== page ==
Several classrooms at Columbia River Gorge Elementary had extra faces in boxes during their Zoom lessons on Wednesday, November 18 when Washougal School District Board members joined in.
“Typically, the Board takes learning walks at our schools to see first-hand the education and learning going on,” said Renae Burson, WSD Assistant Superintendent. “But in the new virtual world that education is in, today’s visit took place via Zoom classrooms.”
The session began promptly at 7:30 a.m. and, over several hours and through a number of Zoom links, board members visited CRGE first and fifth grade classrooms, Kindergarten music class and a presentation by Wolfways to the entire third grade.
“My school team has forged ahead successfully,” Tracey MacLachlan, CRGE Principal told board members as they prepared to join the classrooms. “They are very innovative, and they understand just how important it is for them to be reaching out and connecting to all students. No one is happy with the status quo.”
Board members witnessed fast paced, yet calm instruction and activities that are necessary to capture and hold the attention of students. “We can’t just sit back, or the kids will check out,” said MacLachlan. “What is important to me as an administrator is our teachers are knowing their students and engaging them. Engagement is the number one priority to support learning at CRGE.”
In the past, only the first couple weeks of school may have included a lot of classroom community building. “With remote learning, teachers are keeping more of those activities as a way to engage,” explained MacLachlan. “Morning meetings and community building activities, that include recognizing and connecting with individual students, hold a lot of value for engagement.”
CRGE first grade teachers report connecting with approximately 90% of their students and they continue to reach out to those who are missing. “We have to support them wherever they are at and provide individualized attention as they need it,” said CRGE first grade teacher, Sydney Termini. “It is about knowing what is going on with a student and keeping the student accountable for their own learning and setting expectations.”
MacLachlan said her teachers understand it is all about relationship building, for instance encouraging use of cameras. “If there is a black screen or the student can not be seen in the image, the teacher may call on that student during the lesson to check their engagement,” MacLaclan explained. “They find many are participating but just not on camera.”
If it is clear the student is not present, the family is contacted. However, some students may have poor wifi connectivity so the camera can not operate or they may be in a difficult living situation. If a student privately requests their camera not be used for good reason it can be approved.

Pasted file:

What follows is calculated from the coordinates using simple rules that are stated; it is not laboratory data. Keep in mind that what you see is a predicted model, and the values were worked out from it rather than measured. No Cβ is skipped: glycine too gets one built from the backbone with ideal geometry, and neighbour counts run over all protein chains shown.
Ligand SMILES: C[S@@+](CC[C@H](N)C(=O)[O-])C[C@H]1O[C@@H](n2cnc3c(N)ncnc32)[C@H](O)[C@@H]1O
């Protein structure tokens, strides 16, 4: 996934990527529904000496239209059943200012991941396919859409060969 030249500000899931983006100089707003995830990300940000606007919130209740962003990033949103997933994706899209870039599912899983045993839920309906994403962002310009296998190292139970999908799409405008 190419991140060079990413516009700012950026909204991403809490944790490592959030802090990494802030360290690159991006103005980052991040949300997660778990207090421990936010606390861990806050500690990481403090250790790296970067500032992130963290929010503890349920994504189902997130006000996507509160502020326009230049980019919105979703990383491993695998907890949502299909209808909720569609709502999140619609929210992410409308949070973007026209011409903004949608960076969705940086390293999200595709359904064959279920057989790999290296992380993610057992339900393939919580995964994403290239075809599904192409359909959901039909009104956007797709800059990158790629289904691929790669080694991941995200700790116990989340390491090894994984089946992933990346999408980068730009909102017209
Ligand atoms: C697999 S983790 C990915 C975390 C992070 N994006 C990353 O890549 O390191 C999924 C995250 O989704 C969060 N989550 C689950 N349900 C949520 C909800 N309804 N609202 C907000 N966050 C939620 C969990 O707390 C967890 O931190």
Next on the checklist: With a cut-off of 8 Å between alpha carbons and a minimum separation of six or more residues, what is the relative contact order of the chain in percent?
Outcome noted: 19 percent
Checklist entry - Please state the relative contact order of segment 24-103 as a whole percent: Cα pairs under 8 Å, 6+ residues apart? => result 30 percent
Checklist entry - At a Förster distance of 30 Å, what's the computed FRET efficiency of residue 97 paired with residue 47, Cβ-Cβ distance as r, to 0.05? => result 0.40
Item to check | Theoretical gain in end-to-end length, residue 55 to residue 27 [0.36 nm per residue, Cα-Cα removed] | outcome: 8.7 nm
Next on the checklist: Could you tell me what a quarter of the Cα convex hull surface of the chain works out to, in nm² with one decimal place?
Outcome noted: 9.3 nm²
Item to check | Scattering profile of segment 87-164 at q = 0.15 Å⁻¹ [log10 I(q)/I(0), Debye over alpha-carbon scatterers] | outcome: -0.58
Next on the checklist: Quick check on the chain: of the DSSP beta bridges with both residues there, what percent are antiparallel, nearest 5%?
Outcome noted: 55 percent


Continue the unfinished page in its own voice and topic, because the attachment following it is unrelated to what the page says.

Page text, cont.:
“This is all a huge puzzle and being honed to each individual student,” MacLachlan explained. “What is important is for teachers to know the student and know the situation so they can offer the right help at the right time. We can’t challenge if we don’t know them and can’t challenge if we don’t nurture. I want us to persevere every time!”
“I was impressed with how organized the virtual classroom was and the quality of instruction from the teachers in a virtual environment,” said WSD Board president, Cory Chase. “It was fun to see the kids engaged in learning and interacting with one another. The pandemic has provided some significant challenges, but I was really happy to see how everyone was adapting and making the most of our unique circumstances.”
Chase found the virtual music class a pleasant surprise. “I had heard about them but being able to experience it first-hand really gave me a new perspective. It was fun to see and hear music, movement, and sign language combined in the lesson,” he said.
“I was impressed by the community building and engagement and pleased that kids were learning important skills like how to operate in a group (hand raising and waiting their turn), as well as applied math skills in the first grade classroom,” said Board member Donna Sinclair. “The classroom mantras that reinforced respect and kindness were also terrific.”
Sinclair noted that the board understands there are kids whose needs are not being met. “But I appreciate that teachers and paraeducators are working hard to stay in contact with them,” she said.
“Our elementary teachers are really hitting the mark,” said WSD Superintendent Mary Templeton. “I am encouraged at what I saw and impressed with how they manage relationships, expectations and connections. We hope the Board feels they benefited by having eyes on the product we are providing. We wanted them to know how this looks and how it sounds. I am enormously proud of our Washougal teachers and staff and the work they are doing on behalf of our students.”
The WSD Board will visit other Washougal schools virtually in early 2021.